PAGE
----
Thank you for being part of the Republic of Singapore Navy (RSN)'s Golden Jubilee celebrations. We were very gratified by the strong representation from the respective navies and truly honoured by your presence.
It gives me great pleasure to be here at the closing of MARISX and AMSISX 2017. I know that the exercise has been intense and I hope that you have all benefited from the last three days.
Maritime issues today are complex and they transcend national boundaries. With rapid globalisation, our economies are increasingly interlinked. We have a responsibility to keep our seas open as a global commons to ensure sustained economic growth for our region. The maritime domain, with its porous borders, is also a prime target for perpetrators. Transnational issues such as piracy and sea robbery; illegal, unregulated and unreported fishing; human migration due to conflict and poverty; and the looming threat of maritime terrorism create new challenges for navies and coast guards around the world. It is only through information-sharing, connecting the dots, and making sense of the complex seascape that we are able to collectively counter the threats we face today.
Singapore is a maritime nation and our destiny is inextricably linked with our surrounding seas. As the RSN celebrates our Golden Jubilee this year, we remain committed to working with regional navies to address maritime threats and keep our sea lines of communication open. To this end, the RSN will co-chair the ADMM-Plus Experts' Working Group on Maritime Security with the Republic of Korea Navy from this year to 2020. We also actively participate in regional exercises under the WPNS (Western Pacific Naval Symposium) and the FPDA (Five Power Defence Arrangements). The IFC (Information Fusion Centre), which has been home here for you for the past few days, was set up in 2009, and is a prime example of the RSN's commitment to promote information sharing and tactical cooperation in our region. As a regional information-sharing hub, the IFC contributes to effectively addressing maritime security threats by building maritime domain awareness. Exercises like what you have gone through in the past few days are important platforms for MARSEC (Maritime Security) practitioners to learn, network and collaborate to keep our seas safe and secure for all.
This year's exercises have incorporated a set of realistic and challenging exercise scenarios to reflect the complex seascape we operate in. Over the past three days, I have been told that you have had the chance to experience the importance of real-time information-sharing, and how little nuggets of seemingly unrelated information can be amalgamated to make sense of emerging threats. I am also confident that the exercise play has allowed you to gain new insights into how different navies and maritime enforcement agencies operate together. This allows us to enhance mutual understanding and learn best practices from one another.
This year, we have also utilised IFC's new operating system, which boasts an enhanced user interface and faster processing capacity. This system augments information-sharing, and allows us to collaborate in a secured internet environment. This is, of course, particularly important given global developments on cyber-attacks. I hope that you have found the experience useful overall.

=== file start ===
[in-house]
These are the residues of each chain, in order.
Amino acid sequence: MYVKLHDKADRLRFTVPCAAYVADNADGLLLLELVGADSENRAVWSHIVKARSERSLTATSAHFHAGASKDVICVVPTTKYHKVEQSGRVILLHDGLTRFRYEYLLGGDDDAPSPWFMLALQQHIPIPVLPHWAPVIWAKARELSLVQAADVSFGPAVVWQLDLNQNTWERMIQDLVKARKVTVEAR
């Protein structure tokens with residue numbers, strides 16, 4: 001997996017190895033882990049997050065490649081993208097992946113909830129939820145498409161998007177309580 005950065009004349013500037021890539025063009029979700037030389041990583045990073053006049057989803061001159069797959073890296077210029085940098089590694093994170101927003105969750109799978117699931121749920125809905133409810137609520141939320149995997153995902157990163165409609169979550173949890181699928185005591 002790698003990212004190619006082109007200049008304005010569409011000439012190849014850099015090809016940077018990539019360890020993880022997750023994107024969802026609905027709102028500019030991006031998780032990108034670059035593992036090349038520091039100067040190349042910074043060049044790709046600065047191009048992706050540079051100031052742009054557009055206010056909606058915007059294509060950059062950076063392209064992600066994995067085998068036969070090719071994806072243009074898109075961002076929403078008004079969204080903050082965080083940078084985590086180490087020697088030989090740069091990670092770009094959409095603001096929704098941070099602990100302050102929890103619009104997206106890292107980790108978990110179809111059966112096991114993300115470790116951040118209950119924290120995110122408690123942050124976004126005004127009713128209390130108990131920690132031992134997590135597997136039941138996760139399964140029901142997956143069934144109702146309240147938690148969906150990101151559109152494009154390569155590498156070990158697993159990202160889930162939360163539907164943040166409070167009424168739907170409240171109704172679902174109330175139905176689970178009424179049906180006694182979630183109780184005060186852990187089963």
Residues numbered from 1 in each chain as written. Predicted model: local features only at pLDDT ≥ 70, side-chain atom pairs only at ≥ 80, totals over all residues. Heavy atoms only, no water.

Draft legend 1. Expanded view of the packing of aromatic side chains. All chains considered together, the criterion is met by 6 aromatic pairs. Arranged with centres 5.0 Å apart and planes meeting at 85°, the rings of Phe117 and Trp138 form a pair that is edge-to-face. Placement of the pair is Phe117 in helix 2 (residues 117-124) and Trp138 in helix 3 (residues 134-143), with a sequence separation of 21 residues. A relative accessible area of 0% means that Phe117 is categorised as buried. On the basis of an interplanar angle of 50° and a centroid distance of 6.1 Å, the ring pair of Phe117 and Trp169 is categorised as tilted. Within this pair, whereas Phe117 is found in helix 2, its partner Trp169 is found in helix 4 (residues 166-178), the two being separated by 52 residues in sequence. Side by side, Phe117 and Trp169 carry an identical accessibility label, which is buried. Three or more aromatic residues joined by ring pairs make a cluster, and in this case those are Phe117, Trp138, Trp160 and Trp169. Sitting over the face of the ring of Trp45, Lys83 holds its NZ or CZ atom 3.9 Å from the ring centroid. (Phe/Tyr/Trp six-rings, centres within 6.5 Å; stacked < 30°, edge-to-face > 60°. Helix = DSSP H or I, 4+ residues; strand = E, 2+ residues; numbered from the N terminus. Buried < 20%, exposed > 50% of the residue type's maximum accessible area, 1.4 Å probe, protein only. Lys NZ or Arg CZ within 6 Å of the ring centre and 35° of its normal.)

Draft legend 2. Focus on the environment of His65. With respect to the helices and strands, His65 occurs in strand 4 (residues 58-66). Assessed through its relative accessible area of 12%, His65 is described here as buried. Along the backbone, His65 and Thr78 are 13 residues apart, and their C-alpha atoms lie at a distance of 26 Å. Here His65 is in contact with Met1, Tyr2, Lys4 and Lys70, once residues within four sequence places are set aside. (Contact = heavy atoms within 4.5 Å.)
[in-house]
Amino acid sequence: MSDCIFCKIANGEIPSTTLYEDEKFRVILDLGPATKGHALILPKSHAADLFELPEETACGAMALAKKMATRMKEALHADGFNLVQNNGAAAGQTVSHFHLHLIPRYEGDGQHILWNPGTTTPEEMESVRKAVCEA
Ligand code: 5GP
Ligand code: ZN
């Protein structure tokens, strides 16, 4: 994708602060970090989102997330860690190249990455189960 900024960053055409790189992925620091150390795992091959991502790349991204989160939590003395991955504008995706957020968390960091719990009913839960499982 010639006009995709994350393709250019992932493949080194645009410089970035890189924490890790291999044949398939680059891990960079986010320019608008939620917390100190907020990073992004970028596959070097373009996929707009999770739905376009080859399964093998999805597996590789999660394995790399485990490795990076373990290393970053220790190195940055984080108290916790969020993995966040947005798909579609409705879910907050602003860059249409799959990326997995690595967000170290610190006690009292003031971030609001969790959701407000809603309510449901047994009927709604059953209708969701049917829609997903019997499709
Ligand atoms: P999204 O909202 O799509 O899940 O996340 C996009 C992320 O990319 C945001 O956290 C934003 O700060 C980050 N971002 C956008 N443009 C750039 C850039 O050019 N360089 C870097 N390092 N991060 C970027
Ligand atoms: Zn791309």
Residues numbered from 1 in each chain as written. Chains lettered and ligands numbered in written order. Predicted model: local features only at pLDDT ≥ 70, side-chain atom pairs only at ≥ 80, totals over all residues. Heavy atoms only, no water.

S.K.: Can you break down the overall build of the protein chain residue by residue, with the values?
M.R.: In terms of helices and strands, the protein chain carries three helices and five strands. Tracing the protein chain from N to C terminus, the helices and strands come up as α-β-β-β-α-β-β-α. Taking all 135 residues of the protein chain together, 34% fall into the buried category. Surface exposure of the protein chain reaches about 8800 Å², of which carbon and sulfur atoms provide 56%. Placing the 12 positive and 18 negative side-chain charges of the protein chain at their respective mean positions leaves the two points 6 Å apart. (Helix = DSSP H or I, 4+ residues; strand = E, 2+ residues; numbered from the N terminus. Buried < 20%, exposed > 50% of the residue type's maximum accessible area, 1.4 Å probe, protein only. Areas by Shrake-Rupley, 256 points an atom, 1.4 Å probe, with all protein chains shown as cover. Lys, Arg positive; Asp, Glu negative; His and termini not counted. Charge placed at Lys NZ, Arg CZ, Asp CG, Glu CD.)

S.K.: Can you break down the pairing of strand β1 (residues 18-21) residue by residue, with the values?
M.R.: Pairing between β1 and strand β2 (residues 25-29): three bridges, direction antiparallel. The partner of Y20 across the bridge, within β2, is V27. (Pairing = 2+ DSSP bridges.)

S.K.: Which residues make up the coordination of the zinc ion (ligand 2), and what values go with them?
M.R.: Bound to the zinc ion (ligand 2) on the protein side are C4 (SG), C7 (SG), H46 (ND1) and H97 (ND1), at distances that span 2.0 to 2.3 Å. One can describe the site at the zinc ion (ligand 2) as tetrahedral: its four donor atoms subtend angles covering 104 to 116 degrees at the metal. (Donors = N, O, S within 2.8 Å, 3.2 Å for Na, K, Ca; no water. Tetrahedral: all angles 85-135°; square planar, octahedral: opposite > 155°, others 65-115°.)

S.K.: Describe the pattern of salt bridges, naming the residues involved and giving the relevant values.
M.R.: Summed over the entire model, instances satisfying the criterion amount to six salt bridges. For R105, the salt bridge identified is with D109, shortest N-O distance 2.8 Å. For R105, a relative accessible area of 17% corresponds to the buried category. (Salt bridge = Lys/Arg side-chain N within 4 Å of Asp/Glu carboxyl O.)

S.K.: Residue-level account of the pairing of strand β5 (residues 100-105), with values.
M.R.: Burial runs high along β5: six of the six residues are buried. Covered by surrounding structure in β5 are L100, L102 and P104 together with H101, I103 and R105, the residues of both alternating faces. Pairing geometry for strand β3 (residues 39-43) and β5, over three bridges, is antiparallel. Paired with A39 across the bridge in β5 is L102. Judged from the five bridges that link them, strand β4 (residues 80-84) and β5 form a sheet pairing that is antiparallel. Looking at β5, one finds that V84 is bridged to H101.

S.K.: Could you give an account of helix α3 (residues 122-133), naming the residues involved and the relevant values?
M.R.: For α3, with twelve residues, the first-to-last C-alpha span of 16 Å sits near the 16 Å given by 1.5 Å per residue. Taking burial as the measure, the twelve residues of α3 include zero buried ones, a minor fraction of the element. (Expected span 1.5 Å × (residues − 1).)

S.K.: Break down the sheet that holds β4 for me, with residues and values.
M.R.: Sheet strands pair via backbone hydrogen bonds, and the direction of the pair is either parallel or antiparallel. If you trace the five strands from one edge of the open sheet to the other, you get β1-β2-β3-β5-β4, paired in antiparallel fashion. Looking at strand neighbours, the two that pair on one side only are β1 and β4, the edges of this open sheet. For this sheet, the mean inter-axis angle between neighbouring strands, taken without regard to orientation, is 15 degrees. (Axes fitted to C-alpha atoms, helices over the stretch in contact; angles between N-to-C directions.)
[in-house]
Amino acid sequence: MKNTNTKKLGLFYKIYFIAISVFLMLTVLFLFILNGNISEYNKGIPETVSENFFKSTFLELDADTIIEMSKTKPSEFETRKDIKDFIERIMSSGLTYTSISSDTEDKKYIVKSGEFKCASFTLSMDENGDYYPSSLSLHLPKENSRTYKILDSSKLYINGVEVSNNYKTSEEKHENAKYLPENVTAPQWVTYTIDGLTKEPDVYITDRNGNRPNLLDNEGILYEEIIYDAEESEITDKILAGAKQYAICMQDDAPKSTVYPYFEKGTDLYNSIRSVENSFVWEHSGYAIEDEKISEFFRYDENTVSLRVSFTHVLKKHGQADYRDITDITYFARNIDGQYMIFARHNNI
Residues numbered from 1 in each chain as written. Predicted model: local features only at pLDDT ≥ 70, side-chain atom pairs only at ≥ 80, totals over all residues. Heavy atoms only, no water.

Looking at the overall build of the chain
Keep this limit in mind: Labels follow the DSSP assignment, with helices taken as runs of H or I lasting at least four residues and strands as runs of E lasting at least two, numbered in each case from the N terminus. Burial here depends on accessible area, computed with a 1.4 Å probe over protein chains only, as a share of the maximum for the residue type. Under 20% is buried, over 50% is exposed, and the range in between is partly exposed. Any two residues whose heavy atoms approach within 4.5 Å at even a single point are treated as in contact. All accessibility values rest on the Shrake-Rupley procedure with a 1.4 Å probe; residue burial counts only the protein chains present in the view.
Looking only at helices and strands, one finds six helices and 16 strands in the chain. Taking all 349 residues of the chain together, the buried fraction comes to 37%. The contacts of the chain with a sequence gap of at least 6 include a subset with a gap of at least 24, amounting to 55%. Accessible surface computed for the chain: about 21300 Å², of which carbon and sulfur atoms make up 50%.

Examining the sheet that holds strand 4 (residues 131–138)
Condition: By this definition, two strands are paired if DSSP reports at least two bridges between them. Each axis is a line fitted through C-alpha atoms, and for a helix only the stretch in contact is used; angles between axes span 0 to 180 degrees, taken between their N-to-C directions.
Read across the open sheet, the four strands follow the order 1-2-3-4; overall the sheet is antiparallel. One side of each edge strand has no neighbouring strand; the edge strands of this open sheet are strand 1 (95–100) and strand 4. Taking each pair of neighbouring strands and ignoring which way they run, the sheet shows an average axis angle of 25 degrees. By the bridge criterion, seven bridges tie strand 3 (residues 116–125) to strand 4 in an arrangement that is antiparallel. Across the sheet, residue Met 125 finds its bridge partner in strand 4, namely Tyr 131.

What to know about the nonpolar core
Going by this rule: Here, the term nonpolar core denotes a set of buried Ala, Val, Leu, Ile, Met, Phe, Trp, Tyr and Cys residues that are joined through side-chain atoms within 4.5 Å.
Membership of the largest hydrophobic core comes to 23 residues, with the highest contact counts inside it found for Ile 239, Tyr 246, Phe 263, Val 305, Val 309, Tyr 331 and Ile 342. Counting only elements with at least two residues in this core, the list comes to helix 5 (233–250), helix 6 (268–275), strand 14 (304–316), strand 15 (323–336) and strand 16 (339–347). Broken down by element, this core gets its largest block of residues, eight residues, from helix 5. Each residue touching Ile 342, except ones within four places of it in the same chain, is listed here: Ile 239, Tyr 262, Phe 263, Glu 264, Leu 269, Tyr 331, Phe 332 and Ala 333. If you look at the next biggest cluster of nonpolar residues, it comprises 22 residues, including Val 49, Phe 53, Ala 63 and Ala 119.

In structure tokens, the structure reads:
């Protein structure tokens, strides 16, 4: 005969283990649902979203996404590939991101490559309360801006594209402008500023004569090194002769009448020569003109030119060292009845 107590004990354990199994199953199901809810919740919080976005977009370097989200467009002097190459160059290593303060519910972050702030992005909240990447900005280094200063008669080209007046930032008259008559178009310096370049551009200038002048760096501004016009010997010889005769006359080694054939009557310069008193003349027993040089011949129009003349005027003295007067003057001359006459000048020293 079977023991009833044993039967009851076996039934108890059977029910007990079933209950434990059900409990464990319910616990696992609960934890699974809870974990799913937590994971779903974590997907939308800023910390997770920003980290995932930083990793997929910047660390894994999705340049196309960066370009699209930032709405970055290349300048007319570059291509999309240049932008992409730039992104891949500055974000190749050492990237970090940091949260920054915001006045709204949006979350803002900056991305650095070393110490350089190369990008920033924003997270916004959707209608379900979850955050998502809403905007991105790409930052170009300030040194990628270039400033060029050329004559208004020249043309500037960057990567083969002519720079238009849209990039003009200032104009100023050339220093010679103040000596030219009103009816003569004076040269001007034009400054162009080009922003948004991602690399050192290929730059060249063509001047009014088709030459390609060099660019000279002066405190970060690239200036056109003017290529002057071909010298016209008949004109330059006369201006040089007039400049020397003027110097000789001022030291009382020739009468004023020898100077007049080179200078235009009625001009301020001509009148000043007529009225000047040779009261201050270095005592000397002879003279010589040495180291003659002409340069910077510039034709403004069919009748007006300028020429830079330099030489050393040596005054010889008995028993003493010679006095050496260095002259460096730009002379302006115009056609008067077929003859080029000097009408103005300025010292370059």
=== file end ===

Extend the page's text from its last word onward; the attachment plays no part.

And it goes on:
Many of you would know that the RSN has developed the underwater equivalent of the Code for Unplanned Encounters at Sea (CUES), or Underwater CUES. The Underwater CUES seeks to enhance submarine operational safety by providing navies with non-binding guidelines on the avoidance actions to be taken to prevent underwater incidents. Just as important for us is to define what Underwater CUES is, it is also important for us to tell you what Underwater CUES is not. It is certainly not waterspace management, because for sensitive submarine operations that would be a great faux pas. But what it is, is to share unclassified information that is useful, for us to use individually to enhance the safe operations of our submarines.
The impetus for the Underwater CUES is clear. Increased regional merchant traffic, vessels with deeper draughts, larger trawlers, and underwater hazards such as mobile oil rigs and submarine cables are real hazards that pose a serious threat to underwater safety.
There has also been a steady increase in the number of submarines and submarine operating countries in this region. By 2030, more than 250 submarines will operate in Asia Pacific and the shallow waters of South China Sea.
Given this, information-sharing is even more important and information on seismic activities, real-time movements of deep-sea oil rigs and Very Large Crude Carriers (VLCCs). This information is already being shared at the IFC today. We would now like to extend it to a dedicated portal for underwater safety -- the Submarine Safety Information Portal (SSIP). This new portal allows us to prevent underwater incidents by providing submariners and submarine operating centres with real-time tracking of deep-draught commercial vessels and hazards. I believe you have seen the valuable role that SSIP can bring to the underwater domain in the exercise scenario played yesterday. The SSIP, to succeed, will require your continued partnership for up-to-date and relevant information.
The successful conduct of MARISX 2017 and AMSISX 2017 reaffirms our strong commitment to closely collaborate in maritime security, and play our part in ensuring underwater safety. I would like to thank all exercise participants for your active contributions in the exercise. This morning, as I officially launch the SSIP, I hope that this new portal will serve the underwater community well. I also urge all parties to contribute to and use the SSIP actively. On this note, I declare the exercises closed. Thank you.